4 — Each child component is to be generated by two Factories. One factory (that we write) generates component type and raw data instances based on a symbolic code and a known number of components. So, if the component range is changed from 3–8 to 2–12 at a later point, the four new items must be added to the factory. Another factory (provided by Angular and discussed below) is used to create the actual Angular component at runtime.

5 — The template for the lazy-loaded component consists of a ng-container as the primary container with a ngFor that loops over the number of dynamic components specified in the JSON data.

6 — Each dynamic component is associated with a ng-template by using an attribute directive.

7 — A QueryList of dynamic item attribute directives is processed by the parent component. Each child component is created by an Angular Component Factory (provided by a factory resolver) and then added to the ViewContainerRef of the ng-template. Data for each component is then added to the newly created component for binding. This requires some handshaking between the parent component code and the attribute directive. The actual separation of concerns can be experimented with and adjusted to suit your specific desires.

Application Layout

The application structure for this demo is rather simple. There is a single application module and component. The main app component displays a button whose markup contains a routerLink. That is used to route the user to the single feature module, appropriately named ‘feature’ :)

The main app module provides a single route resolver that is used to ensure the JSON data for dynamic layout is loaded before the route is activated.

All libraries, directives, and components for the single feature are provided in the feature folder.

The model for dynamically generated components is provided in src/app/models.

There is no relevant code in the main app component and the only item worth deconstructing is the main app routing module. Relevant code from the routing module is provided below.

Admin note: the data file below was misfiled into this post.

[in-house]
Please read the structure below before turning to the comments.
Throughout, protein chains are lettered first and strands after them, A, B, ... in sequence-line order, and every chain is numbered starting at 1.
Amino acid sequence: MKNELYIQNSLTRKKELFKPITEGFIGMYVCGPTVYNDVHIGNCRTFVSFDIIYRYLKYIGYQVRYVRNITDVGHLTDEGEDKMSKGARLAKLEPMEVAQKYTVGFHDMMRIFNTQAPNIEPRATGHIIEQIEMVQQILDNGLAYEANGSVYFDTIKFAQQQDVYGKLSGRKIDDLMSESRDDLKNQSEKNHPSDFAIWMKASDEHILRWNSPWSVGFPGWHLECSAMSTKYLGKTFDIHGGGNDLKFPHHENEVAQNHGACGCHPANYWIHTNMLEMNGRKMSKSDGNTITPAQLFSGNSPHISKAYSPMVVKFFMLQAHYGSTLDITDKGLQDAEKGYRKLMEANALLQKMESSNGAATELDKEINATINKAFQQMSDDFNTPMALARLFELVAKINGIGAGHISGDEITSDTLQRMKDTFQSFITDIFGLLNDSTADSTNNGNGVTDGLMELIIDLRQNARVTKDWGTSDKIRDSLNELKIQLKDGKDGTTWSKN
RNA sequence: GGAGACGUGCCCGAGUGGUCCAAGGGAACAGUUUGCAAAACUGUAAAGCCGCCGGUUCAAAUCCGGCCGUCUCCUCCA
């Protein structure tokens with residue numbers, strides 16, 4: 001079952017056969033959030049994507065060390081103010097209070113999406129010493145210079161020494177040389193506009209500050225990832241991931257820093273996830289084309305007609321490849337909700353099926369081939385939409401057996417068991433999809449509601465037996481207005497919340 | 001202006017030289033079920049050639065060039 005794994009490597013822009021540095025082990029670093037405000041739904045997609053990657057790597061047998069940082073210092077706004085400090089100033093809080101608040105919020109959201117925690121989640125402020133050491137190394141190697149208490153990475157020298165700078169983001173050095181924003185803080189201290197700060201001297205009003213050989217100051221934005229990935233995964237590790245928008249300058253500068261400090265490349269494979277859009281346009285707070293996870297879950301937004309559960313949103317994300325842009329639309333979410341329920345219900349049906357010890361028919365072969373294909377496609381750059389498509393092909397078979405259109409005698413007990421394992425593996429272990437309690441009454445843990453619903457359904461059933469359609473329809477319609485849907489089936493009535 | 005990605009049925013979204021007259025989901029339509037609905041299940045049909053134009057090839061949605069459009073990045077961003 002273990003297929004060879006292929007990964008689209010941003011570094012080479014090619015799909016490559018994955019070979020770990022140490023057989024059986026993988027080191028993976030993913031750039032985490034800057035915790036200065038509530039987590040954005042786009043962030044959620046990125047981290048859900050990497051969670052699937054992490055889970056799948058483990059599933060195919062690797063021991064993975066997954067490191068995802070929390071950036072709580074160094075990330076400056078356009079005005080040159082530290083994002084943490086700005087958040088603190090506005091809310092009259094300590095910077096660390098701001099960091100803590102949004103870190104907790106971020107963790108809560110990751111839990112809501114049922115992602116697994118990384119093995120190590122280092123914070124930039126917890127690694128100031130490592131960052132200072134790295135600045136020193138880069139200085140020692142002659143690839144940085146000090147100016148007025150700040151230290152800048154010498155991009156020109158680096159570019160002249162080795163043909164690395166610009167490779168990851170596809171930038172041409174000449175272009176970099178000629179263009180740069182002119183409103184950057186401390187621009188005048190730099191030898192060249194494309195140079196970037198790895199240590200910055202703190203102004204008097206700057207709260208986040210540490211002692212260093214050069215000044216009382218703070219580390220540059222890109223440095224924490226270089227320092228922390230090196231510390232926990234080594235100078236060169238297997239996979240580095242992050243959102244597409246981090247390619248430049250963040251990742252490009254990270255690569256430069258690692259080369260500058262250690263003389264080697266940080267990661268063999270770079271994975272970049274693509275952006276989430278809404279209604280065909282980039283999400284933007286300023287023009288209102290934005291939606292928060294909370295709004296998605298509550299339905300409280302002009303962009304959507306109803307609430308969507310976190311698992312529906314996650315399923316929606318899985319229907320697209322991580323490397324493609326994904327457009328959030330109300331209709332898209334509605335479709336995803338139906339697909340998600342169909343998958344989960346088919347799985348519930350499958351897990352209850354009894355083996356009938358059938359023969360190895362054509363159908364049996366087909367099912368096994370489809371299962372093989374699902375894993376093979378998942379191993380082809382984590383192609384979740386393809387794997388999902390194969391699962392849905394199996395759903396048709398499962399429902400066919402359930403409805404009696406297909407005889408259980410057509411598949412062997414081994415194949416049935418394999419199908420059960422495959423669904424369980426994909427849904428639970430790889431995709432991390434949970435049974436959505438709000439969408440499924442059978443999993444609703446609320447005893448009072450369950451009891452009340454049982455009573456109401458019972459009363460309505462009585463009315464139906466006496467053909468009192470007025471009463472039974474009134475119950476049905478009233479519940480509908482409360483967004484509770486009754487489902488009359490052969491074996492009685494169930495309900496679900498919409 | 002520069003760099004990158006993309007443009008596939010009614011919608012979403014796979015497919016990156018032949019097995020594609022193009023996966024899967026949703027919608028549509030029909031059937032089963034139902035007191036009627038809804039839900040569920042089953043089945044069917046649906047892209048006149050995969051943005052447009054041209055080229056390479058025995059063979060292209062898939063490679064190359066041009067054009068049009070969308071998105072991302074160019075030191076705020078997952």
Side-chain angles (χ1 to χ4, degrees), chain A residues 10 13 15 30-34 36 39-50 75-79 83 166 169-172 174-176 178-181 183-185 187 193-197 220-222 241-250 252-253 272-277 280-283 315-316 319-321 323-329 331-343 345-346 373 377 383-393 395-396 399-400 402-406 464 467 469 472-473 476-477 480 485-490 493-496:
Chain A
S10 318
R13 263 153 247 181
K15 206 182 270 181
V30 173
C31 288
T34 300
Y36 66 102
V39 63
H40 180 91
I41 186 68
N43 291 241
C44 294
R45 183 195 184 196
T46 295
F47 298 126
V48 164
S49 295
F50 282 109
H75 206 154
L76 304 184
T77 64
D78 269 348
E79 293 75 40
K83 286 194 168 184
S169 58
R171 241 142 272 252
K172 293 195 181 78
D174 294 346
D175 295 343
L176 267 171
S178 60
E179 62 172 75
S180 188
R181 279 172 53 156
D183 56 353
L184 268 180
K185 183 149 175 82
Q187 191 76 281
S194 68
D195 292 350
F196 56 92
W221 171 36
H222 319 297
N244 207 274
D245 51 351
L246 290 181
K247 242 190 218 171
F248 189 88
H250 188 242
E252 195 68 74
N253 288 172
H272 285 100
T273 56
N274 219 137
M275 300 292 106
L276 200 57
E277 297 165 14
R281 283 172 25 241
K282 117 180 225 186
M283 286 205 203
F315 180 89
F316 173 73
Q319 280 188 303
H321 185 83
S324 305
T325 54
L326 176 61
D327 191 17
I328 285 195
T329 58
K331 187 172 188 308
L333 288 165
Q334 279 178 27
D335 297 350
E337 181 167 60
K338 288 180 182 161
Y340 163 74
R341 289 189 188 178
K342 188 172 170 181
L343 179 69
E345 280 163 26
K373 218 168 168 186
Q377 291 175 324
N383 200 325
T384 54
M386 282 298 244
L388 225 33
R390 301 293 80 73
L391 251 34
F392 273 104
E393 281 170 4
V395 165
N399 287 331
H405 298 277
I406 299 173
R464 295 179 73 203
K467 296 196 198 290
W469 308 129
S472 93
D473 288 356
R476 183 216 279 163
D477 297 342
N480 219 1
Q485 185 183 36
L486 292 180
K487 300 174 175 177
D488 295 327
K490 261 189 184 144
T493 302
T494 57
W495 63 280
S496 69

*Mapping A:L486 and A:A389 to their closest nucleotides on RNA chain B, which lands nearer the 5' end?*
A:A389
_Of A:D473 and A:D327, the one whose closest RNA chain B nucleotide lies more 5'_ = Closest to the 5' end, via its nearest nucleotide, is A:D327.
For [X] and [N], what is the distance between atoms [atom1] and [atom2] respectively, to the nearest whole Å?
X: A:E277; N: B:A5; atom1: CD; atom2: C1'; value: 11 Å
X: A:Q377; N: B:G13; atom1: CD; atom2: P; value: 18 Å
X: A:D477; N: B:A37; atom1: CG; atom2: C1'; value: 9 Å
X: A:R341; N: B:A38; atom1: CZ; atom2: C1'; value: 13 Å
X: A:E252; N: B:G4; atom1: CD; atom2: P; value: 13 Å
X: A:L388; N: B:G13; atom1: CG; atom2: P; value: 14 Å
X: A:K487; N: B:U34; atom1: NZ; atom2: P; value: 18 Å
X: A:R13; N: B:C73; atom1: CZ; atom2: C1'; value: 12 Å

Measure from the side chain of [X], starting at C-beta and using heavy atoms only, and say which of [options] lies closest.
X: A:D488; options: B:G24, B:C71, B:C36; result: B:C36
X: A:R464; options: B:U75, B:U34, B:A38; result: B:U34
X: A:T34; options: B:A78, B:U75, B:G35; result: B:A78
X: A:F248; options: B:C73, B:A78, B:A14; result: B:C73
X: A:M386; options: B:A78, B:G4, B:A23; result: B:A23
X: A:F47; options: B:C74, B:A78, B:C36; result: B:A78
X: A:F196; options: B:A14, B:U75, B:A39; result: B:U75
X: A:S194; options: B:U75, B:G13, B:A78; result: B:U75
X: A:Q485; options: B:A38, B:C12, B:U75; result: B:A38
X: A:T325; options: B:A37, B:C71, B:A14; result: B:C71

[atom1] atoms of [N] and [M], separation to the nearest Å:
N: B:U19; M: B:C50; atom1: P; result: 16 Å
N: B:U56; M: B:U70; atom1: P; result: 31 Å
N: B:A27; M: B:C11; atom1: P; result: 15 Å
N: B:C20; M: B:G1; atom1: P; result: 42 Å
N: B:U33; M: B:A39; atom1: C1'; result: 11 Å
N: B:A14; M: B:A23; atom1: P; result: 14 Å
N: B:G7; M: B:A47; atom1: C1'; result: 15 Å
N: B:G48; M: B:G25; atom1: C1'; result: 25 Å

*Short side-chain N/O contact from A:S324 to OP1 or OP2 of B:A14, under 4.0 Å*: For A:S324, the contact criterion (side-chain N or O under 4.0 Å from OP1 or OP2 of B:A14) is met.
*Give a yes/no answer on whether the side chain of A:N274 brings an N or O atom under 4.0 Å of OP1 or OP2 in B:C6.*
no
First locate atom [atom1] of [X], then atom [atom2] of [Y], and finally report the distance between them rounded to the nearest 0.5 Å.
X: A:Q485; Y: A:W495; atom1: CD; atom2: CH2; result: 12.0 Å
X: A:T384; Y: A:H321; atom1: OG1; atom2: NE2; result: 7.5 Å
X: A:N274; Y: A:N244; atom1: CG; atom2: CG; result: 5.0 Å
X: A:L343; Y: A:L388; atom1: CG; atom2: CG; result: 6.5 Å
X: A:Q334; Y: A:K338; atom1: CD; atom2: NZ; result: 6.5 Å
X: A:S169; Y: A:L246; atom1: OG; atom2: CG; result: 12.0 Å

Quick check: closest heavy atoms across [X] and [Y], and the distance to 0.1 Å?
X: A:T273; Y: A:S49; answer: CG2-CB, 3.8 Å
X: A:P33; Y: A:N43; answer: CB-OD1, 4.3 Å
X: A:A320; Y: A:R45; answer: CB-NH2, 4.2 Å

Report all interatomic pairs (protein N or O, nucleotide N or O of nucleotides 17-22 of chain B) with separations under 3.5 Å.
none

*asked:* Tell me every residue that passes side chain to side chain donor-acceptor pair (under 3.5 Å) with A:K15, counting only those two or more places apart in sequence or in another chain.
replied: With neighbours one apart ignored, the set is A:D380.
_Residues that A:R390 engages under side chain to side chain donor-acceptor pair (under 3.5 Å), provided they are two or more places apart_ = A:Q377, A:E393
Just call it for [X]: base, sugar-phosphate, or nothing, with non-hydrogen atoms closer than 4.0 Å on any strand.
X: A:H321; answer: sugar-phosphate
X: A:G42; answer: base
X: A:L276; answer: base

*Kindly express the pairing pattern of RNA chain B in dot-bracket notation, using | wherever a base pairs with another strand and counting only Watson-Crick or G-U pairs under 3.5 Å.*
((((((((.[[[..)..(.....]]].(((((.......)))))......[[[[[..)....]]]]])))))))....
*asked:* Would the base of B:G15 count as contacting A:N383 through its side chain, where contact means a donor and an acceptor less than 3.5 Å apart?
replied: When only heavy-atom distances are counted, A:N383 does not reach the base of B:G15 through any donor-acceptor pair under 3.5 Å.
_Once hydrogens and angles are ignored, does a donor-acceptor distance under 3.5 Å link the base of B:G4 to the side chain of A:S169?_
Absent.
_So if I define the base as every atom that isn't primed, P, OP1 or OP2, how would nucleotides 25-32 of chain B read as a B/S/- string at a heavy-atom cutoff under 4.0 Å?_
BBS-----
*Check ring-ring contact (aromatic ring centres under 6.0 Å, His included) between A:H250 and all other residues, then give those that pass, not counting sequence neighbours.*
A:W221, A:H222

/src/app/app-route-module.ts

const routes: Routes = [
  {
    path: `feature`,
    resolve: { model: AppRouteResolver },
    loadChildren: () => import(`./feature/feature.module`).then(m => m.FeatureModule)
  }
];

@NgModule({
  imports: [RouterModule.forRoot(routes)],
  providers: [AppRouteResolver],
  exports: [RouterModule]
})
export class AppRoutingModule { }
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Note the new Angular 8 dynamic import syntax for lazy-loaded routes. This module also provides the route resolver, AppRouteResolver. The model property is used when loading data from the activated route.

Now, we can deconstruct each of the above-listed steps.

(1) Feature Module

Look at /src/app/feature/feature.module.ts. The important code is shown below.

export const DYNAMIC_COMPONENTS: Array<any> = [
  BaseComponent, Component1Component, Component2Component, Component3Component
];

@NgModule({
  declarations: [
    DynamicItemDirective, FeatureComponent, ...DYNAMIC_COMPONENTS
  ],
  imports: [
    CommonModule,
    RouterModule,
    RouterModule.forChild(localRoutes),
  ],
  providers: [],
  entryComponents: DYNAMIC_COMPONENTS
  exports: [
    DynamicItemDirective, ...DYNAMIC_COMPONENTS
  ]
})
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The three dynamic components in this example are Component1Component, Component2Component, and Component3Component. Yes, those are stupid names, but slightly better than my original choice of Moe, Larry, and Curly :) Each of these components extends BaseComponent.

In particular, note the declaration of all of dynamic components in the entryComponents property of NgModule. Since there is no direct reference to any of these components in a template, Angular needs this information directly for compilation purposes. Without entryComponents Angular will tree-shake out those components because they are never referenced in a template.

The attribute directive, DynamicItemDirective, is used to associate a ViewContainerRef with a specific DOM element (ng-template in this example).

(2) Route Resolver

The resolver is used by the main app component and is provided in /src/app/app-route.resolver.ts. This code implements the Resolve interface by providing a concrete implementation of the resolve() method.

@Injectable({providedIn: 'root'})
export class AppRouteResolver implements Resolve<LayoutModel>
{
  constructor(@Inject(DataService) protected _service: DataService)
  {
    // empty
  }

  resolve(): Observable<LayoutModel>
  {
    // load layout model
    return < Observable<LayoutModel> > this._service.getData('/assets/layout-model.json');
  }
}